Last weekend was the big annual fair in Rapallo, Italy, and as usual, two of the streets down by the water were filled with agricultural vendors. Although it’s still pretty cold outside and the garden is too muddy to do much work, this event always gets me excited and leaves me feeling that spring is right around the corner.
One of my favorite things about these fairs is how the customers in the agriculture section aren’t all scruffy old farmers, like me. Whole families were everywhere. Some of the younger kids enjoyed the spectacle seated in their strollers, and the older ones excitedly helped their parents select the best specimens.
Photo by Rick Gush
Even customers in mink coats bought plants and garden supplies alongside the dirty-fingernail crowd. Mink coats are still popular here in politically incorrect Italy, and some days, I swear I can see 500 of them strolling along the beachfront promenade that dominates Rapallo’s downtown area. The agriculture fair is no exception. I saw dozens of them haggling with the merchants and carting home everything from bare-root fruit trees to onion sets.
This year at the agriculture fair, I bought a new male kiwi vine. While the female kiwi vines I planted a few years ago are growing robustly, the lone male is wimpy, to say the least, and I haven’t had any fruit yet. I saw some of my neighbors also looking at kiwis, but they weren’t sure if they wanted to buy both males and females. I stepped forward and explained that because I was buying a male they wouldn’t need to—that part of our garden is right next to their own little plot. They were quite happy and purchased two females.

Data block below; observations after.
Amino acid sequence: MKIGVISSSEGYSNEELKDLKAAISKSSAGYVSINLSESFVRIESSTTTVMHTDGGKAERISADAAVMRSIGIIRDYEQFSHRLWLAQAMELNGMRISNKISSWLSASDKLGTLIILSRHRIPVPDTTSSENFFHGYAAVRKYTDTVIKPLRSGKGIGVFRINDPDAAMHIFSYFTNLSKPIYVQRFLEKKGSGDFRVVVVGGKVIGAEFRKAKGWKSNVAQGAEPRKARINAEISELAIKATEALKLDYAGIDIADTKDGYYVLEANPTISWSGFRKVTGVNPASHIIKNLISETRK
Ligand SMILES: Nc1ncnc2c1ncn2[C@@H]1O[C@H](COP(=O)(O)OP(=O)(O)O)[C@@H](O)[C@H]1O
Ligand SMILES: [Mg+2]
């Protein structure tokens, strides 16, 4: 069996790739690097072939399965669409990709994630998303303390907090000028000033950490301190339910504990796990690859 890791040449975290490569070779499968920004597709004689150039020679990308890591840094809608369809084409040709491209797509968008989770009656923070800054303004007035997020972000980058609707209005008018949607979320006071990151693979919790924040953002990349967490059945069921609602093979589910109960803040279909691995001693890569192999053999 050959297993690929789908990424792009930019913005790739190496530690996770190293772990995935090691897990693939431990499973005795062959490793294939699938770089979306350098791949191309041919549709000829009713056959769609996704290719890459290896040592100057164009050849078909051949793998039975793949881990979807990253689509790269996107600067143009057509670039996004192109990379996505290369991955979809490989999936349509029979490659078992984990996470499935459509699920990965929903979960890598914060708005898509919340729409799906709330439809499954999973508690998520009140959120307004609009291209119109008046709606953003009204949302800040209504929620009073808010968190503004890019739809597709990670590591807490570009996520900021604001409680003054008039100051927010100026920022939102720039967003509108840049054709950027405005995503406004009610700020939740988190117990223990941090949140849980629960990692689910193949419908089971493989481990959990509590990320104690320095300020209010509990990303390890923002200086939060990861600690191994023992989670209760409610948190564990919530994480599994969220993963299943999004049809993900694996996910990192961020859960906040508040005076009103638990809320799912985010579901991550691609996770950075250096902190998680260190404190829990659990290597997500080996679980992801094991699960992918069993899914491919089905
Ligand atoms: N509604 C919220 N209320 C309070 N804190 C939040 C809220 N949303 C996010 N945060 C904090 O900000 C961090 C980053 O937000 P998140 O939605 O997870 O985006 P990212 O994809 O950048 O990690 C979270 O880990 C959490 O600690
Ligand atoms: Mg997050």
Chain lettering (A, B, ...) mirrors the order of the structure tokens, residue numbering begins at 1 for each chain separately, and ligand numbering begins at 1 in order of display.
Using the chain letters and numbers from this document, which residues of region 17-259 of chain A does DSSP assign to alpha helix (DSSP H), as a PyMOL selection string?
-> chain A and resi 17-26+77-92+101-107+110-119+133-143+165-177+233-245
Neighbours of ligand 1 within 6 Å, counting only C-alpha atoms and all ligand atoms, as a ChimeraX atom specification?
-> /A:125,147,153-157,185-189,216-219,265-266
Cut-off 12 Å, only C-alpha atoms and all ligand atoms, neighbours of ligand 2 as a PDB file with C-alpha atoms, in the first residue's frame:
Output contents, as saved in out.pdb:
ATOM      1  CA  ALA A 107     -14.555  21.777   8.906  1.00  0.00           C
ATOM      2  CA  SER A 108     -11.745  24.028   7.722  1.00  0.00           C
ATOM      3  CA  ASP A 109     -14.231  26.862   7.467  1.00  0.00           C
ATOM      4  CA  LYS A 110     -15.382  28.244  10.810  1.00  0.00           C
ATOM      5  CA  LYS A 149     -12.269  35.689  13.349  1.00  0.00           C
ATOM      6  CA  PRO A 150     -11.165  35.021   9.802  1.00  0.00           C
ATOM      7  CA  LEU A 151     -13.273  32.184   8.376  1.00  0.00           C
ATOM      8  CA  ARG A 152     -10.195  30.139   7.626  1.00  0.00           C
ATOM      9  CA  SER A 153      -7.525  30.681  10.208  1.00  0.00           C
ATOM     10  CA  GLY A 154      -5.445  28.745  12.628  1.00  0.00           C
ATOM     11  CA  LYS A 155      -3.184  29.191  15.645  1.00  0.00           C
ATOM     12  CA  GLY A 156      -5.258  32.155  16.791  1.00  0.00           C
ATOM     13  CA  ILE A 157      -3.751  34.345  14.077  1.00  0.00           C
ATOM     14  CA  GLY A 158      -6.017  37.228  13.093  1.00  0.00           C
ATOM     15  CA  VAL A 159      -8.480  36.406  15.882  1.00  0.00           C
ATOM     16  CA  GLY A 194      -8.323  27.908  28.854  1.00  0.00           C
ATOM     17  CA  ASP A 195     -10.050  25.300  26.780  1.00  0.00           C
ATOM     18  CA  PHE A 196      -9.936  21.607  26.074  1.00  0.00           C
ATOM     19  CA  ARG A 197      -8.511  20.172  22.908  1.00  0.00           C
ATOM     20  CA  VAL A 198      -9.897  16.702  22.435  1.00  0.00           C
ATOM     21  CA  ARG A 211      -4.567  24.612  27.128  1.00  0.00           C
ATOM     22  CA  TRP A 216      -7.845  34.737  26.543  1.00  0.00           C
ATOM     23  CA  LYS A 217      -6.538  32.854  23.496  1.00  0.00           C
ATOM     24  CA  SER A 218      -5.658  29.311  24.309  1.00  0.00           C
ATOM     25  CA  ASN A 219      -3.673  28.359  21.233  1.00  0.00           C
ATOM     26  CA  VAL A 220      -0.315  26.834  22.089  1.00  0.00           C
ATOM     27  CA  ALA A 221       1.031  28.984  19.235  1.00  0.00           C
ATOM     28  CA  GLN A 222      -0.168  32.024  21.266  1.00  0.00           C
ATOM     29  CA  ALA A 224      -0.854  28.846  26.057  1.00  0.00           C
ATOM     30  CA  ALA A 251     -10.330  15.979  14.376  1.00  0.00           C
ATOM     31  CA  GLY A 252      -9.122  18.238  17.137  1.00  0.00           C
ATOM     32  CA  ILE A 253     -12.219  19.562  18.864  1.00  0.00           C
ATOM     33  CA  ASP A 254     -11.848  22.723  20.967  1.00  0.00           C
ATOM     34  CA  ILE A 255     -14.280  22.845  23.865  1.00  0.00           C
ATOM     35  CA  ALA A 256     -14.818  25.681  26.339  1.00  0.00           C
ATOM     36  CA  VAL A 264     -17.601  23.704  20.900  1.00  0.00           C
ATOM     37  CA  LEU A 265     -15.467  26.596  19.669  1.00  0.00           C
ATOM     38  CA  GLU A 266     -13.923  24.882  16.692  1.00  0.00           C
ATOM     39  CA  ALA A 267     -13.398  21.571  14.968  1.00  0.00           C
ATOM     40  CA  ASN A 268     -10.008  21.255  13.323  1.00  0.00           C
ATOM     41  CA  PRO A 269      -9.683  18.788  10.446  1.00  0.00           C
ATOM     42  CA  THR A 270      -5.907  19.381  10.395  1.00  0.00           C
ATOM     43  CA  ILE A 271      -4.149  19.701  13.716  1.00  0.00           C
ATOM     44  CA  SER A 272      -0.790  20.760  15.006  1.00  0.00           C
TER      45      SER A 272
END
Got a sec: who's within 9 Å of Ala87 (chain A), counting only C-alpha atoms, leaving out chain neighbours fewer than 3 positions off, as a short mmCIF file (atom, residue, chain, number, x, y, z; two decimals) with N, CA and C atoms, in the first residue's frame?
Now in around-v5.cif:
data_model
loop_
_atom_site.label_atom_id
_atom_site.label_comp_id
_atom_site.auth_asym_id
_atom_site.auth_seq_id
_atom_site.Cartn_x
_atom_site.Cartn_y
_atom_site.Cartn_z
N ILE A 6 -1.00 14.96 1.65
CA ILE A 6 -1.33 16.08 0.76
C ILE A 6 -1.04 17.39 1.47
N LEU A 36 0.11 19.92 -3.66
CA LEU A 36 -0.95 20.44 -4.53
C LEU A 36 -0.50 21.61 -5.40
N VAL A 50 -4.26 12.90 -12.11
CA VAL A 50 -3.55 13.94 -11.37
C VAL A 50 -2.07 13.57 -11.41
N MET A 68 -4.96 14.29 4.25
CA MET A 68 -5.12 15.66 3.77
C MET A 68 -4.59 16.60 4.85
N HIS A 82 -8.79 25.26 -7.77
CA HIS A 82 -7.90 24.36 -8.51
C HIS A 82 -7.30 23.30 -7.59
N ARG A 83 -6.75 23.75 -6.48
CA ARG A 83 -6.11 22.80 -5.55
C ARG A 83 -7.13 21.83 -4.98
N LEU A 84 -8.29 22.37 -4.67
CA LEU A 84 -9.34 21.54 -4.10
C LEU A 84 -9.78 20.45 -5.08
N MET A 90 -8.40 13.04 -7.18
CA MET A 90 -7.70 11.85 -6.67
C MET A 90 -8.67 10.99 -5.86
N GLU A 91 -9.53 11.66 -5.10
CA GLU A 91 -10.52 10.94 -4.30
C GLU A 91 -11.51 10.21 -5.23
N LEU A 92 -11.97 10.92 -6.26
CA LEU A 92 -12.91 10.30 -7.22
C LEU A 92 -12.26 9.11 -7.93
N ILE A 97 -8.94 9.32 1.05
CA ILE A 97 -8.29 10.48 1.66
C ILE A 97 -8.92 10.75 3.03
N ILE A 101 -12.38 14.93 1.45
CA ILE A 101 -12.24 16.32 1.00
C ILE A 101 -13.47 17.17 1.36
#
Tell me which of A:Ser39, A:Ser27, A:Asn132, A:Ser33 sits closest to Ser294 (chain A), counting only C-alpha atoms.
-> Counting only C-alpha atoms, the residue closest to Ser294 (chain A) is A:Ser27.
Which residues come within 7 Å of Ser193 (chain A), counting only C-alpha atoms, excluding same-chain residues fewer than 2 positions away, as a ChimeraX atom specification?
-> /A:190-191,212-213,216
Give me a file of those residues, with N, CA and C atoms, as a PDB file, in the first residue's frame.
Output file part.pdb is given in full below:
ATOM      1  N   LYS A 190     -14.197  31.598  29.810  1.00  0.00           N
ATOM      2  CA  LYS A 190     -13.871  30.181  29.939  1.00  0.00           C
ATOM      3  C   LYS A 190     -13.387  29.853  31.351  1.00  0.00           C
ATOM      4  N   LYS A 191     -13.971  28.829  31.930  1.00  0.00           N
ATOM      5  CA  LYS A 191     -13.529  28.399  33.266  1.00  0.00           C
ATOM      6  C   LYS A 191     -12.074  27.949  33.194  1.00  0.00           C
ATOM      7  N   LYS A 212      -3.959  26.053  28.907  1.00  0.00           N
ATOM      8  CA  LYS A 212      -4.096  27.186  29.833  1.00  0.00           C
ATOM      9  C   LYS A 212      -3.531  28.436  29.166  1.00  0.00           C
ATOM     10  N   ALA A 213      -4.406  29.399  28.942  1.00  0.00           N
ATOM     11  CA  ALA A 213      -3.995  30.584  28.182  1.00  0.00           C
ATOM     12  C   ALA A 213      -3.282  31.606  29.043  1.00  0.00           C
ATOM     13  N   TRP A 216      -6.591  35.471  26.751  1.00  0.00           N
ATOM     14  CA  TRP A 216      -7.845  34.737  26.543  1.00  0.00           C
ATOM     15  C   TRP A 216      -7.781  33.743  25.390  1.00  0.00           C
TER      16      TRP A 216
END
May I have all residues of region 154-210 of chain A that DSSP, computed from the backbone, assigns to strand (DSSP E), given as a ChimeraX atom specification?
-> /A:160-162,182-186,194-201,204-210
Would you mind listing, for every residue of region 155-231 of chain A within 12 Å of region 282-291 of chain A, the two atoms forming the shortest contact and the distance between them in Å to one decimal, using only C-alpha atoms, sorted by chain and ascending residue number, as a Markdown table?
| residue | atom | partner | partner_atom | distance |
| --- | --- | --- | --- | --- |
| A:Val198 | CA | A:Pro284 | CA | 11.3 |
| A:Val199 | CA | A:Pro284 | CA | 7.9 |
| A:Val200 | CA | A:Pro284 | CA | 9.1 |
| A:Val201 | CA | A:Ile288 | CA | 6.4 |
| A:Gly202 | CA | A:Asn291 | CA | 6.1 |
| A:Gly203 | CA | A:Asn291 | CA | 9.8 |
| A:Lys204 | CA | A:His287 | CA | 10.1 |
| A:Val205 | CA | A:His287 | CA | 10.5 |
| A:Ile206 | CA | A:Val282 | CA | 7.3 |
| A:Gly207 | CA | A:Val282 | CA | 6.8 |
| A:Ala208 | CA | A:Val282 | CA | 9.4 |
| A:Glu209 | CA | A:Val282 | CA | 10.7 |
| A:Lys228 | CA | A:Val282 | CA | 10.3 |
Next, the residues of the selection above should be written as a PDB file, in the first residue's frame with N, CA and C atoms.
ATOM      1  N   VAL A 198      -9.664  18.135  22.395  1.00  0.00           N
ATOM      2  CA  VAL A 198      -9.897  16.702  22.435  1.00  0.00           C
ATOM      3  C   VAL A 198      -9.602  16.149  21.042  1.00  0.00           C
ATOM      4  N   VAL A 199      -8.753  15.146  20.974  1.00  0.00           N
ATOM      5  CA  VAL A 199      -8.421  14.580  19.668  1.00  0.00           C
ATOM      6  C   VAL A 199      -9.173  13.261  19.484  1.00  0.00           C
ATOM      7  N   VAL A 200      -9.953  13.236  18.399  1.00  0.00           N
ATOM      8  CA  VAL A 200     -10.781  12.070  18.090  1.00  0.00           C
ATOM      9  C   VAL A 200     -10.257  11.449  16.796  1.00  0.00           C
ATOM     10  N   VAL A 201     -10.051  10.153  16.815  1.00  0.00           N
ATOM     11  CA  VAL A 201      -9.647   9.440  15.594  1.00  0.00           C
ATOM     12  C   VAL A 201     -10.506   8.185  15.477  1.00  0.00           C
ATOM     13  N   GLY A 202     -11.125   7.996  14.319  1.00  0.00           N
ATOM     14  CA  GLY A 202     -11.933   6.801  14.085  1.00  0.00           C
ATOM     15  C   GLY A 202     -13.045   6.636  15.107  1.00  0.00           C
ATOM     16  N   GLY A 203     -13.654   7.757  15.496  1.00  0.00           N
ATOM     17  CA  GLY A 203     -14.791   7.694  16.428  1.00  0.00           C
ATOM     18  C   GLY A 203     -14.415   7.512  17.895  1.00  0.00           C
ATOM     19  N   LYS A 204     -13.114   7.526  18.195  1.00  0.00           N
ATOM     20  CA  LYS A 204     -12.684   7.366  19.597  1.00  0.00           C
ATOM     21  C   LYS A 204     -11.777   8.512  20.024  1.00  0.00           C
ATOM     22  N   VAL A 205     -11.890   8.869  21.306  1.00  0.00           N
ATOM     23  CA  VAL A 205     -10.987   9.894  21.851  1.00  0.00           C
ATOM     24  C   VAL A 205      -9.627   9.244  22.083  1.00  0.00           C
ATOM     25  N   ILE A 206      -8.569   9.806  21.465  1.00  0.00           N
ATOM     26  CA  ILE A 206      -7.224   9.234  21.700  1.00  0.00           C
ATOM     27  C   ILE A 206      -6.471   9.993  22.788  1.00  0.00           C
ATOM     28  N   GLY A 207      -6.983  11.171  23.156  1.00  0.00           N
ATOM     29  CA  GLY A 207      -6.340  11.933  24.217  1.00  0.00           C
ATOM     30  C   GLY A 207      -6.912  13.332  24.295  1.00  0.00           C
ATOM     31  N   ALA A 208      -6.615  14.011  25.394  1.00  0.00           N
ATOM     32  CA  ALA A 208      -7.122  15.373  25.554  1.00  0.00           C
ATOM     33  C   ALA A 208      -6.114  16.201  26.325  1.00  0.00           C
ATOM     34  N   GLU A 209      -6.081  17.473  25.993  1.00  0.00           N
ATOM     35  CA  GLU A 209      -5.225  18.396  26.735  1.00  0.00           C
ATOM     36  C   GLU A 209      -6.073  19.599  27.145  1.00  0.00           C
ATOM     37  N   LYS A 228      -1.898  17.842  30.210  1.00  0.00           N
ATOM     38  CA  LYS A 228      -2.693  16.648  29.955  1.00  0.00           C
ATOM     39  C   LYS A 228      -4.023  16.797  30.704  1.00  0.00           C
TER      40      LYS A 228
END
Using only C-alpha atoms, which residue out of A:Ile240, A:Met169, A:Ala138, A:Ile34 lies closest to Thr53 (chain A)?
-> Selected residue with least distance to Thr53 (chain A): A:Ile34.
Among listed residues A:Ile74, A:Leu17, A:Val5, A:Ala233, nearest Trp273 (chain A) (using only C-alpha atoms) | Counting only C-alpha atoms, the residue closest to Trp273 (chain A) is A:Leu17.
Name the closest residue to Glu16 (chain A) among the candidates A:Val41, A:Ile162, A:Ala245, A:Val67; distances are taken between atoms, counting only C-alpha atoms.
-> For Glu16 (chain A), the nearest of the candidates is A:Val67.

I also purchased a new lemon tree. This is by now a tradition with me, as I have been buying a new citrus from the same vendor every year at this fair. The older trees are just starting to produce fruit, and we had a few oranges, kumquats and lemons this past season. I’m good buddies with the citrus vendor now, and we spent a bunch of time discussing the nursery business. As usual he invited me to visit his nursery, which is on the slopes of the volcano Mt. Etna in Sicily. One of these years, I hope to take him up on his hospitality offer.
Finally, I bought two marjoram plants. Marjoram, which is almost always used fresh, is extremely popular for kitchen herb gardens here. Everybody has one, even those families living on the upper stories of the tall apartment buildings. Since I’ve lived in Italy, marjoram has become my favorite seasoning herb. It surprises me to remember back to when I lived in the States and didn’t grow this herb at all. What an ignoramus I was!